- From the publisher

Walking With the Wind: A Memoir of the Movement

Lewis, an Alabama sharecropper's son, went to Nashville to attend a Baptist college where, at the end of the 1950s, his life and the new civil rights movement became inexorably entwined. First came the lunch counter sit-ins; then the Freedom Rides; the Student Nonviolent Coordinating Committee (SNCC) and Lewis's election to its chairmanship; the voter registration drives; the 1963 march on Washington; the Birmingham church bombings; the murders during the Freedom Summer; the Mississippi Freedom Democratic Party; Bloody Sunday in Selma in 1964; and the march on Montgomery. Lewis was an active, leading member during all of it...

-From Publisher's Weekly

Across That Bridge: Life lessons and a Vision for Change

Faith, patience, truth, love, peace, study, and reconciliation: these are the buckets into which Lewis pours his message about "the inner transformation that must be realized to effect lasting social change." A civil rights pioneer and Georgia congressman, Lewis (Walking with the Wind: A Memoir of a Movement) seeks to inspire nonviolent activism in a time that he regards as the most violent in history. For his audience, Lewis targets Occupy protestors, and members of the movement will draw lessons from the anecdotes that are the heart of the book.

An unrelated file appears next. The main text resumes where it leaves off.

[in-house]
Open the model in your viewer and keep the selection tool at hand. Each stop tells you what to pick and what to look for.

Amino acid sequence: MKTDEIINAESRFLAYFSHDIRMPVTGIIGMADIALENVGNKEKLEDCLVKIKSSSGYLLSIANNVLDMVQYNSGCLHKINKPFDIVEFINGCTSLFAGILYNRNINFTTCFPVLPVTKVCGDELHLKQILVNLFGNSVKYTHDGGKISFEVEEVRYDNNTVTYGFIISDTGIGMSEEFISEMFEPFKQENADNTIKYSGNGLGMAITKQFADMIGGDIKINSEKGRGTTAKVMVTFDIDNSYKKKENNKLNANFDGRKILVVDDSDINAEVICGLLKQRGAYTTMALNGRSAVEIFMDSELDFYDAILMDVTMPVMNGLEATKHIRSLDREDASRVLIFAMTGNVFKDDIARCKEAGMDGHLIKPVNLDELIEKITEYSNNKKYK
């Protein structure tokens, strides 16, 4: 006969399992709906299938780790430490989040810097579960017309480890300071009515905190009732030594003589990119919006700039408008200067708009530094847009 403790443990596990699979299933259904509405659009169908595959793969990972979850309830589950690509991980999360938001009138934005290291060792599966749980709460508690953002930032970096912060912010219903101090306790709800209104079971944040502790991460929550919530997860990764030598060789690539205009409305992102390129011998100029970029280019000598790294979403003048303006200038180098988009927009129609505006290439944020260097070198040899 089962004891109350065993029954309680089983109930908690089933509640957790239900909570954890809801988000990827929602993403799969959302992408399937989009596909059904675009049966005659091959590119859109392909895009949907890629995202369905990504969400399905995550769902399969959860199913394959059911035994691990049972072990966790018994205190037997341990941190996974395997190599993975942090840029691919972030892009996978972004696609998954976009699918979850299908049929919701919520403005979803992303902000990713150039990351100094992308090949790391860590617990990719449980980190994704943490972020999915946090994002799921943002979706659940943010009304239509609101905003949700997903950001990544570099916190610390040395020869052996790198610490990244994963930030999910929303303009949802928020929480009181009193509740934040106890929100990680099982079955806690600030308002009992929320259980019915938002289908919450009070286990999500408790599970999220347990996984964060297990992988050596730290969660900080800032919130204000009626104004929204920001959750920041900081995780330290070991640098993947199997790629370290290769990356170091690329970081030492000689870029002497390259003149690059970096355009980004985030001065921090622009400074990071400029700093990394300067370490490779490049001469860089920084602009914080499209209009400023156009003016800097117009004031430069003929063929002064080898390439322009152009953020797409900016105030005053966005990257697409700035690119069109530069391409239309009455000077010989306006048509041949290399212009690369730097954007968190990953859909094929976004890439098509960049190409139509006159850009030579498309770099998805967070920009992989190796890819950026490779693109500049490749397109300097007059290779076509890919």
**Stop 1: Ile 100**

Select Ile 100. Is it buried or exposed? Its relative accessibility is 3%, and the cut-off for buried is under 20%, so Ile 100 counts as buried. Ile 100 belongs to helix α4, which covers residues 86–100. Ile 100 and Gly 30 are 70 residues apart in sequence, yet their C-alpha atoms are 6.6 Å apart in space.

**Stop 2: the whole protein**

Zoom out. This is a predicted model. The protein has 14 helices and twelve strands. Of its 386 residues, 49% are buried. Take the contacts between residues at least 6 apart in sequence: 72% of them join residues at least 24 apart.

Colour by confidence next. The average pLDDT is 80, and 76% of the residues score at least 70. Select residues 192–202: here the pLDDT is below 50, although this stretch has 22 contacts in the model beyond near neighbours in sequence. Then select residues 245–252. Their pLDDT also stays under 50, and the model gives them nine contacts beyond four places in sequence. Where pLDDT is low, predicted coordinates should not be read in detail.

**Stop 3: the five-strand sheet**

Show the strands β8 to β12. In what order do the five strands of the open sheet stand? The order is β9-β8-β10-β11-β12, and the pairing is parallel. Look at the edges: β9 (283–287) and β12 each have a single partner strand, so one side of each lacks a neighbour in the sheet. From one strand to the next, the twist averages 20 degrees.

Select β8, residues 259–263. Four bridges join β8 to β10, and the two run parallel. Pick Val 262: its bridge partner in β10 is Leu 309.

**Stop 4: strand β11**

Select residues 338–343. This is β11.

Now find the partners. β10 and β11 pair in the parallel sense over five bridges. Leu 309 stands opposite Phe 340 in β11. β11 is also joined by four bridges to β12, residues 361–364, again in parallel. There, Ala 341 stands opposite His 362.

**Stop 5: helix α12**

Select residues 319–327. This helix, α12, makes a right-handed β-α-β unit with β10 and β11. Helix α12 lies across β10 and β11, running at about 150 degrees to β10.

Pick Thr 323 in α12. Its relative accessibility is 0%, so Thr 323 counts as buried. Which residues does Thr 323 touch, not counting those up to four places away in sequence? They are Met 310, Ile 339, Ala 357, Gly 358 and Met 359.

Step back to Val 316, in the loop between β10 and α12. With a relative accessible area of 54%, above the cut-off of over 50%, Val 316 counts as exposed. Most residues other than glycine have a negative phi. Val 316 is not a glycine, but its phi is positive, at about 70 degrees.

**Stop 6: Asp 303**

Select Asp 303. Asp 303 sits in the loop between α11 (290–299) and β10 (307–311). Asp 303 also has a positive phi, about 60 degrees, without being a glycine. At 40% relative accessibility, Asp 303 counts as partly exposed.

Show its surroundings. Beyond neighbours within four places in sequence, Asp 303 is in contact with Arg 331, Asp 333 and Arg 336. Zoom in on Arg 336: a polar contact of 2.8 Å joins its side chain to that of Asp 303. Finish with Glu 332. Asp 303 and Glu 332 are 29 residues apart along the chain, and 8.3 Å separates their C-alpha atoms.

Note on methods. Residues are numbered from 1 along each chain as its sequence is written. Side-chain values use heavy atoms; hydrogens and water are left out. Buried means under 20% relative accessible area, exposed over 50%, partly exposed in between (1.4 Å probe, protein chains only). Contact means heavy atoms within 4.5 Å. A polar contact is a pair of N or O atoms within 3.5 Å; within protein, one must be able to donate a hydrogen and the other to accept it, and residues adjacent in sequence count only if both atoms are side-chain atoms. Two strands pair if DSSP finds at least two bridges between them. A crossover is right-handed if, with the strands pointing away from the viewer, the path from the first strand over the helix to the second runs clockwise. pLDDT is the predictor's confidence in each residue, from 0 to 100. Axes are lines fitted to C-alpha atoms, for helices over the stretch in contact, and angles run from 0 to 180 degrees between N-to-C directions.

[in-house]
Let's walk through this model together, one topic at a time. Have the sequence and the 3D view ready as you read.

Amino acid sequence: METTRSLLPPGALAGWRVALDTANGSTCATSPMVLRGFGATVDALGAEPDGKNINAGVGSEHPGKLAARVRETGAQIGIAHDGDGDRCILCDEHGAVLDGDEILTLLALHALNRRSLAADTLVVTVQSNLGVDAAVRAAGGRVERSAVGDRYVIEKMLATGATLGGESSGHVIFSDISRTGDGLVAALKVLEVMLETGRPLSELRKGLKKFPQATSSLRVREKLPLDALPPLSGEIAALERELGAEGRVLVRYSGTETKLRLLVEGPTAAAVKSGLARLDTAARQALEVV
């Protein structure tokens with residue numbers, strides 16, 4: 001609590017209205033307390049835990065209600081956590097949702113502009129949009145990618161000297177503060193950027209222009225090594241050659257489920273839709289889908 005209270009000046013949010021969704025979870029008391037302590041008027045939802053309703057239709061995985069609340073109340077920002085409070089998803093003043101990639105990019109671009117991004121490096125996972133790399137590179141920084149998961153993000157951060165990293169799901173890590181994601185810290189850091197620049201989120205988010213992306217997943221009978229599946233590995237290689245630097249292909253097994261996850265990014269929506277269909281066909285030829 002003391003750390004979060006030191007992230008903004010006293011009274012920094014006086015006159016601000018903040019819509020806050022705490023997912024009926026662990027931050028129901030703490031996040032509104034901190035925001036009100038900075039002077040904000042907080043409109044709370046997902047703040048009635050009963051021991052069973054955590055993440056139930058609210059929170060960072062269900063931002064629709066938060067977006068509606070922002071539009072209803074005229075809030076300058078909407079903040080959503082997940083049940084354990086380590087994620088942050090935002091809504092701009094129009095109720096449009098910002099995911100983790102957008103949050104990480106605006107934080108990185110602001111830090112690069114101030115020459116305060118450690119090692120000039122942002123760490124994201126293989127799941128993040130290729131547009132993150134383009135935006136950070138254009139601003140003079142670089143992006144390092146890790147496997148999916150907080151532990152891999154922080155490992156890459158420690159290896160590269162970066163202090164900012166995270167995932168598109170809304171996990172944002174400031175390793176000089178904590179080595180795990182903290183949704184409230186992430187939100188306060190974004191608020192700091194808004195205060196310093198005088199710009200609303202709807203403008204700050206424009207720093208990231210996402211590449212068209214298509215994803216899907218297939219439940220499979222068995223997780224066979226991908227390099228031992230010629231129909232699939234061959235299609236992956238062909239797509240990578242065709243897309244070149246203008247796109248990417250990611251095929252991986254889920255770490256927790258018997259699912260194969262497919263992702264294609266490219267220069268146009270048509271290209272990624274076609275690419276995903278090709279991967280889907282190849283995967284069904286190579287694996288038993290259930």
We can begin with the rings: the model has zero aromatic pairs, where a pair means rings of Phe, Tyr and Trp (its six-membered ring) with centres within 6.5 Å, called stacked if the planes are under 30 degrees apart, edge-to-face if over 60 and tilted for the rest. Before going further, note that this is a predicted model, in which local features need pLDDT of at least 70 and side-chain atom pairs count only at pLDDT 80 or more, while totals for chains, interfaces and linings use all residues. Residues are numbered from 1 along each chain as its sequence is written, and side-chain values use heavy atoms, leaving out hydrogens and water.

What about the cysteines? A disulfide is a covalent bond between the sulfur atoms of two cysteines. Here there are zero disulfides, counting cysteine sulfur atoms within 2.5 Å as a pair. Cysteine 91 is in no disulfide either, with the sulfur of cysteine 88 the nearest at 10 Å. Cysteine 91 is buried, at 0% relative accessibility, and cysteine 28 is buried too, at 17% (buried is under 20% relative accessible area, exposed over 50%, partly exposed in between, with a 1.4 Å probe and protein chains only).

-From Publishers Weekly

The Blood of Emmett Till

*Starred Review* Although much has been written about the tragic death of young Emmett Till in 1955 Mississippi, Tyson offers new perspectives in this searing account, which is especially relevant today given the Black Lives Matter movement and the rise of the so-called alt-right and its echoes of white supremacy. Tyson features an interview with Carolyn Bryant, the white woman at the center of the case.  -Booklist Review

Request A Copy of the Book

 

Click the book cover to request a copy from the library catalog.

No copies available in the library catalog?  Search MOBIUS.

Request a Copy Through MOBIUS

Co-Author & Illustrator

 

 

 

 

 

ANDREW AYDIN is creator and co-author of the graphic memoir series, MARCH, which chronicles the life of Congressman and civil rights icon John Lewis. Co-authored with Rep. Lewis and illustrated by Nate Powell,  MARCH is the first comics work to ever win the National Book Award. The Washington Post heralded the completion of the MARCH trilogy, saying, "The closest American peer, I've found, to Maus has arrived...

For more, click here

 

 

Nate Powell is a New York Times best-selling graphic novelist born in Little Rock, in 1978. He began self-publishing at age 14, and graduated from School of Visual Arts in 2000.

His work includes March, the graphic novel autobiography of Congressman and civil rights icon John Lewis; You Don't Say, Any Empire, Swallow Me Whole, The Silence Of Our Friends, The Year Of The Beasts, and Rick Riordan’s The Lost Hero. Powell is the first and only cartoonist ever to win the National Book Award...

  For more, click here